Boeing to stabilize 737 production later this year, exec says

Boeing plans to stabilize 737 production later this year after periodically pausing the line to address quality issues

Aerospace giant Boeing is planning to stabilize production of 737 airliners during the second half of this year at a rate of 38 per month after the manufacturer slowed its production line in the wake of the midair cabin blowout on a 737 Max 9.

Chief Financial Officer Brian West said lower aircraft delivery volumes, customer considerations paid to airlines because of the Max 9 grounding and Boeing’s need to hold additional inventory from its supply chain will all contribute to the company’s cash usage in the first quarter. West spoke at the Cowen Aerospace & Defense Conference.

Boeing had previously said it was "cycling" at a rate of 38 narrow body 737s a month, but West said the company is having to periodically pause the line as it focuses on production quality after the incident.

"We have to acknowledge that we have lots of things to focus on in terms of keeping the airplanes in position longer so that we can incorporate all the learnings that we’re finding, and that’s just fine," West said.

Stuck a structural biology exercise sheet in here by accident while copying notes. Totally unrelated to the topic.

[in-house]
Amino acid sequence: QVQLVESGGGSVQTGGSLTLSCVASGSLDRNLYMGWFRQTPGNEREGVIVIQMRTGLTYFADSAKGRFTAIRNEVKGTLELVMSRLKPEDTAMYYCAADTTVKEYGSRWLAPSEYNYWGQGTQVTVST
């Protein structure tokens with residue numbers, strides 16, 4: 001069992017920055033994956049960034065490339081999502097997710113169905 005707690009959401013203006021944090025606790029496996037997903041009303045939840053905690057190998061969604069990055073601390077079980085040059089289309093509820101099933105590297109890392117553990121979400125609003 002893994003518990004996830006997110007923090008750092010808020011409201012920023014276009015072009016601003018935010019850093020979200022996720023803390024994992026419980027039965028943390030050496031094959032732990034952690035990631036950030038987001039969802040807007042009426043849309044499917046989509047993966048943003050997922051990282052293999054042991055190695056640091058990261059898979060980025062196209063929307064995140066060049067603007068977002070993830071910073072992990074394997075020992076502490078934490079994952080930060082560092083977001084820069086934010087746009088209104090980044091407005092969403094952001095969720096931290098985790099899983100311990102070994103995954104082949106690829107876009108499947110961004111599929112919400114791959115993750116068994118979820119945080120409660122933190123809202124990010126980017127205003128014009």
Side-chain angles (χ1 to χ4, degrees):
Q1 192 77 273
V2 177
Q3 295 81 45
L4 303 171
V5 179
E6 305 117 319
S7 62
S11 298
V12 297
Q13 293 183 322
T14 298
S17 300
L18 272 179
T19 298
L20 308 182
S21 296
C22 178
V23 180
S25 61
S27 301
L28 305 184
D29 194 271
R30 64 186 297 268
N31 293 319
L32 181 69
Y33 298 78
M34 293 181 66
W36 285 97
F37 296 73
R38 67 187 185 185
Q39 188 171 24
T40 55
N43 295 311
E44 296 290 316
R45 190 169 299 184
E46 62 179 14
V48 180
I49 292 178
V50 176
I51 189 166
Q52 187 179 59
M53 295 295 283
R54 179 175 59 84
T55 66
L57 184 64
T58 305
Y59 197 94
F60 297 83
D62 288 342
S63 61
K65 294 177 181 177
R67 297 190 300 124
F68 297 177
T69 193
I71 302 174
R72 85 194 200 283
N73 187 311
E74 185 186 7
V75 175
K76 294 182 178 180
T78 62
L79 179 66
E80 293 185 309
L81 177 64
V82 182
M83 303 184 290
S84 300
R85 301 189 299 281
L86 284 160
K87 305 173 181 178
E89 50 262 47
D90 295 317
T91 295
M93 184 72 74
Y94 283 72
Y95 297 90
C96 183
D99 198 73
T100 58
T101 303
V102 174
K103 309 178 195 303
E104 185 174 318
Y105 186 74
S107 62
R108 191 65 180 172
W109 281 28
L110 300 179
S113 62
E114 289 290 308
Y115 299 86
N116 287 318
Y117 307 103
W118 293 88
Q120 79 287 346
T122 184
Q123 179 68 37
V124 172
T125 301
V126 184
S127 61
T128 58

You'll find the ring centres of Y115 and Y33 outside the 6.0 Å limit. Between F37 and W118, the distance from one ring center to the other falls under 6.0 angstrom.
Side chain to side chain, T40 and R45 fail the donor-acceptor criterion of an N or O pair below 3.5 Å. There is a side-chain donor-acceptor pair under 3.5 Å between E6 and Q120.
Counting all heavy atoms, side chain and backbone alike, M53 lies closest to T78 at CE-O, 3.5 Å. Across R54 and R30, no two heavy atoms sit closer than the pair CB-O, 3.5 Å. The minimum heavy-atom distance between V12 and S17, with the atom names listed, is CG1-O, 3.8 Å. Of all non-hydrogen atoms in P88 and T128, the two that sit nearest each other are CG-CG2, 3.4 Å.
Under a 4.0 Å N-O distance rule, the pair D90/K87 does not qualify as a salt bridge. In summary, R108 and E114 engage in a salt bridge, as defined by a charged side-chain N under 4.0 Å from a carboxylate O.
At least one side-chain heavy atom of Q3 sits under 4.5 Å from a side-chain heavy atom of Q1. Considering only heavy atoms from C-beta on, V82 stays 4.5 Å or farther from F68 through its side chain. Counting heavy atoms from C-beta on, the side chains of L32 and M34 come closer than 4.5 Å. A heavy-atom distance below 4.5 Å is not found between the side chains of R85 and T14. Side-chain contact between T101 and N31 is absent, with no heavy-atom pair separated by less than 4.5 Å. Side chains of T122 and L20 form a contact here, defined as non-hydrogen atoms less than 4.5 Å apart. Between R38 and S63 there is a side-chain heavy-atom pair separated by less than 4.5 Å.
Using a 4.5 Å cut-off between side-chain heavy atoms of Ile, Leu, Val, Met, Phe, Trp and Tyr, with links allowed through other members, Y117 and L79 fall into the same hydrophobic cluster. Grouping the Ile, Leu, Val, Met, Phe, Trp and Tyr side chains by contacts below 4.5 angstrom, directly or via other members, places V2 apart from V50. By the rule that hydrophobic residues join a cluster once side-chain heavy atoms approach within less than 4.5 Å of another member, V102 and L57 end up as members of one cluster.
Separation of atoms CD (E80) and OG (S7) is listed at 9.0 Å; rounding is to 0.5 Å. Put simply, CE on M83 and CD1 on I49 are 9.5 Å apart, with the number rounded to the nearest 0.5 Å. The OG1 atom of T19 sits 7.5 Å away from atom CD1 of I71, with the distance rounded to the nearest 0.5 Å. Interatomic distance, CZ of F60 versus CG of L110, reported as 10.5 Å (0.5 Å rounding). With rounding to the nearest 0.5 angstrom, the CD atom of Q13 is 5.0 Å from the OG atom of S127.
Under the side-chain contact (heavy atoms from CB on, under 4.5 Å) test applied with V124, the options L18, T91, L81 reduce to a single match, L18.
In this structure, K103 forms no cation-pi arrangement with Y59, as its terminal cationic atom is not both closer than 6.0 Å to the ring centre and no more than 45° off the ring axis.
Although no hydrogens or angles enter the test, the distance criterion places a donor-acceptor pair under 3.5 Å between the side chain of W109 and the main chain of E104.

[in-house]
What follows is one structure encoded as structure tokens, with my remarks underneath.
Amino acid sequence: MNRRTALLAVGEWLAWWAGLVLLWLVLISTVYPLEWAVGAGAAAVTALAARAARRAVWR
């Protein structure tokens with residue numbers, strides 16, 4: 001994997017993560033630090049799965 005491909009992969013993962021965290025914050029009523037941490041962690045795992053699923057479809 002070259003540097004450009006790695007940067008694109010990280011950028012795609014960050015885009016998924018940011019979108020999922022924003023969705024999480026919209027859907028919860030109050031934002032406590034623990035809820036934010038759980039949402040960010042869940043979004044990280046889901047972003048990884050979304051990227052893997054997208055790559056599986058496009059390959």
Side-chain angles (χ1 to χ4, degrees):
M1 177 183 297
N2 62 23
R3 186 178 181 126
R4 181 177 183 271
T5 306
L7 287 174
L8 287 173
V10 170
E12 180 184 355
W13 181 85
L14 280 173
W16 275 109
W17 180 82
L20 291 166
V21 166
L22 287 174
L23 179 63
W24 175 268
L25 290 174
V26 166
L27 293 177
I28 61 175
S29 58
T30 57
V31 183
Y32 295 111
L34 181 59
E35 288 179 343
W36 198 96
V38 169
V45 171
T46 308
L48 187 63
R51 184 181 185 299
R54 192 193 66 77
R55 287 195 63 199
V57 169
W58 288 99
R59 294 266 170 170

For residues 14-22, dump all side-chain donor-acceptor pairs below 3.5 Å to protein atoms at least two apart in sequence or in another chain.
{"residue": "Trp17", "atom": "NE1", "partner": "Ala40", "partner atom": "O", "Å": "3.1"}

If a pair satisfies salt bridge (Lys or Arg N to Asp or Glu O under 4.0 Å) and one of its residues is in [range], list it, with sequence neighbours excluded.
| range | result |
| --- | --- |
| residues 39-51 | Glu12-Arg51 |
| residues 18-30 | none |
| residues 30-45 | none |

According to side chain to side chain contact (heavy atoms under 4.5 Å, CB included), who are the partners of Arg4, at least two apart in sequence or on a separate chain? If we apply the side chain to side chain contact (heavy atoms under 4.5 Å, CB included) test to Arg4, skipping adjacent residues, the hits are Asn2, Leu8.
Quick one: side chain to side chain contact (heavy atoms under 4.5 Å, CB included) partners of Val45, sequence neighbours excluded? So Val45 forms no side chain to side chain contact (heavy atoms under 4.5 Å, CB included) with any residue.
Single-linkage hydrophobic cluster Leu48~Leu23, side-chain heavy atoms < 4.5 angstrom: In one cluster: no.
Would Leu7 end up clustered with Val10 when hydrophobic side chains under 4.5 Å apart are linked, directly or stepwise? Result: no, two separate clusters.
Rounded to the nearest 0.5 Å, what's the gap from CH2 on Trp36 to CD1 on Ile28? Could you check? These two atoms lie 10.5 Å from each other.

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Boeing 737 Production

Boeing is planning to stabilize 737 production in the second half of this year after the line has been paused to address quality issues in recent months. (David Ryder/Bloomberg via Getty Images / Getty Images)

He added that the Federal Aviation Administration (FAA) will have discretion over approving future production rate increases above the threshold of 38 737s per month. 

The FAA launched an audit of Boeing’s 737 production line after the Jan. 5 incident in which a door plug panel detached during a flight from Oregon’s Portland International Airport to Ontario, California, at about 16,000 feet, causing the cabin to depressurize and prompting Alaska Airlines flight to return to Portland.

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The FAA recently prohibited Boeing from increasing its 737 Max production rate without FAA permission. 

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737 Max-9 under construction

Boeing will have to secure FAA approval to expand production rates for the 737 Max. (Reuters/Jason Redmond / Reuters Photos)

Boeing’s suppliers are planning to increase production of components used in making 737s to the levels necessary to make 42 planes a month. West indicated the company has the cash necessary to handle the spike in extra inventory to keep its supply chain on solid ground.

West said that if Boeing’s suppliers keep ramping up production as planned, "they will be in a much more stable position to be able to not have some of the issues that have been hampering us historically."

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The company’s stock was down about 2.3% as of Tuesday's closing bell amid a broader market sell-off following a hotter-than-expected inflation report.